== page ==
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PREVIEW: Speed Of Sound
Luke Turner , July 4th, 2014 15:31

Experimental music event taking place in Farnborough Wind Tunnels this weekend, featuring Mark Pilkington, Dalhous, Cindytalk and more

What's that you say? Science and extreme music? Powerful sonic waves in a machine used to work out if aeroplanes would stay up-diddly-up-up and not come crashing down-diddly-down-down? A licensed bar? Why, this sounds like our ideal Sunday afternoon. Speed Of Sound is a one-off experiment and sound installation taking place at the Grade I listed Farnborough Wind Tunnels featuring work by Dalhous, Cindytalk, Teleplasmiste and a talk called 'Sound As Terror', a presentation of sonic research into the use of drones in contemporary conflict. We are told that: "The programme is particularly interested in the shape, form and function of airflows, waveforms; sound and sonic instruments. Speed Of Sound will creatively extrapolate the history of the space and its uses, whilst immersing the visitor in the special dynamics of the site. In the case of the wind tunnels, air moved through architecture designed to manipulate its flow. The shape and form of its journey then registered mathematically and used. The wind tunnels lay silent, a monument to changes in aerodynamics and aviation, but the ominous rumble of militaristic advancement still remains on the edge of hearing." You can find the Facebook page of the event (with details of a cheap coach to take you to and from the sonic basting) here. We spoke to organisers Susanna Davies-Crook and Alastair Frazer to find out more.

How on earth did this marvellous project come into being?

Susanna Davies-Crook: I saw an e-mail in my Royal College of Art inbox marked "Farnborough Wind Tunnels" and thought it could be cool. Interested parties went on a field trip to the tunnels in a vintage double decker bus driven by Joe Kerr and when we arrived it was breathtaking. Not just the architecture and the massive (24ft) mahogany hand-crafted fan, but the way the engineers who had formerly worked there spoke about the place. Their attachment to the building and the research that it hosted between the time of its opening in 1935 to when it officially closed in the 90s made the site feel like it was holding all of this history. Although it's now decommissioned, it's still the same as when it closed. All of the rooms and the instruments remain untouched and intact.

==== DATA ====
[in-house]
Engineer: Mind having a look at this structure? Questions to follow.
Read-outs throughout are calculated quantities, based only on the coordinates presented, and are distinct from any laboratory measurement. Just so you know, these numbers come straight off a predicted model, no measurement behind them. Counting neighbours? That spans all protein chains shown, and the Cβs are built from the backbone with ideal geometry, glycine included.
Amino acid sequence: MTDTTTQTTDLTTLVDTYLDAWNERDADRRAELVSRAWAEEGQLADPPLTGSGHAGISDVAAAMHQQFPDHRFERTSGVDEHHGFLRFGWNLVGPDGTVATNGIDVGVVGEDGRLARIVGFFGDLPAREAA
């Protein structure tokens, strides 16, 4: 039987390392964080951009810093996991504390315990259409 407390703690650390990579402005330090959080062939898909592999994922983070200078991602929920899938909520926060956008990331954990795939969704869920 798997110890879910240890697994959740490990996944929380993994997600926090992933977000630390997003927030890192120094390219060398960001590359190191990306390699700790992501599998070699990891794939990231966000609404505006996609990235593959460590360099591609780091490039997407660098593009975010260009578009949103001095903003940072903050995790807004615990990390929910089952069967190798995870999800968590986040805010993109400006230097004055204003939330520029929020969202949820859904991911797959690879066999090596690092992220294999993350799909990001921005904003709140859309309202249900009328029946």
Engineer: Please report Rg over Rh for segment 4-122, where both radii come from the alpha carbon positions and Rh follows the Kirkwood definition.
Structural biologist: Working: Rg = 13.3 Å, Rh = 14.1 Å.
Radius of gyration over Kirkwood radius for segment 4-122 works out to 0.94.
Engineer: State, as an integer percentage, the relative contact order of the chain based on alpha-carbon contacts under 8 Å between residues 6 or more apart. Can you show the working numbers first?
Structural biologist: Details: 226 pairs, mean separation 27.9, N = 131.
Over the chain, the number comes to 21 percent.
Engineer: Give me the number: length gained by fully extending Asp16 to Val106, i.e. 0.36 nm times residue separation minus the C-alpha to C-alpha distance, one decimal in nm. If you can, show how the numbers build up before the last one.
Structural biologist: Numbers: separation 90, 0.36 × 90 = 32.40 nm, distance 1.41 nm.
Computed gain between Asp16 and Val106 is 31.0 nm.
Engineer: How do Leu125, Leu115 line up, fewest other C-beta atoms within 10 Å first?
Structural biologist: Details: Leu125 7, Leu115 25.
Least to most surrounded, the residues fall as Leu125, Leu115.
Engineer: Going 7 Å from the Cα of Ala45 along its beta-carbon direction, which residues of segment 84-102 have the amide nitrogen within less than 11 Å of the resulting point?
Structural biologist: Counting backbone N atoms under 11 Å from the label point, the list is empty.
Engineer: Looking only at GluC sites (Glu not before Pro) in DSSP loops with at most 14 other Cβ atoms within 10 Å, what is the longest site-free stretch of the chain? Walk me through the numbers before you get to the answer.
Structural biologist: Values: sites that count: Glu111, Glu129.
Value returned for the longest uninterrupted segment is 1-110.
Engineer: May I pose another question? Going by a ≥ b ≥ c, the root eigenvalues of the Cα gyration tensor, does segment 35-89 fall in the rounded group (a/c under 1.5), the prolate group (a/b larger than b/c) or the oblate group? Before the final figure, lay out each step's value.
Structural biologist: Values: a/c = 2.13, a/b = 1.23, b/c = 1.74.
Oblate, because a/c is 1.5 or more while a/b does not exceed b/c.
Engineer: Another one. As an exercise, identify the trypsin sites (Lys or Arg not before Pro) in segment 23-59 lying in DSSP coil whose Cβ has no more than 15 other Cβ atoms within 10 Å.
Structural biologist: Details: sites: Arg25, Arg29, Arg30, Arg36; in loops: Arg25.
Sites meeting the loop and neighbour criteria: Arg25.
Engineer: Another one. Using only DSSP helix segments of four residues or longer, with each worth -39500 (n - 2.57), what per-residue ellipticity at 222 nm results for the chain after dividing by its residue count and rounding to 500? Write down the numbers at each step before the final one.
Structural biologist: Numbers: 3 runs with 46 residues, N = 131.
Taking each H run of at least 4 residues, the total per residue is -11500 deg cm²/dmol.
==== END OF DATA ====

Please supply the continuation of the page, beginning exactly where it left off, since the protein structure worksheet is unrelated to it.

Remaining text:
On the visit we were shown around by the Artliner organisers and they explained about the public programme, but every now and again one of the engineers or physicists who used to work on the tunnels (and now manage and archive the history of the wind tunnels in the FAST museum) would divert someone off and in one case it was me. I climbed the steps to the smaller Transonic wind tunnel and there was a scale model that had been used for testing still laying there with wires protruding from it. I asked my guide about the wires, and he replied that they were how they measured the air resistance. The device was essentially a transducer. As I asked more and more I discovered links between acoustics - the kind I am interested in with regards to music and experimental sound - and aerodynamics. He explained that they test helicopters by placing them exactly in a ring of microphones and then taking readings that help them determine the efficiency of the blades. The whole of Q121 was at one point covered in anechoic foam. I just wanted to know more really, about the history and technologies, and about how the space had sounded and would sound in different circumstances.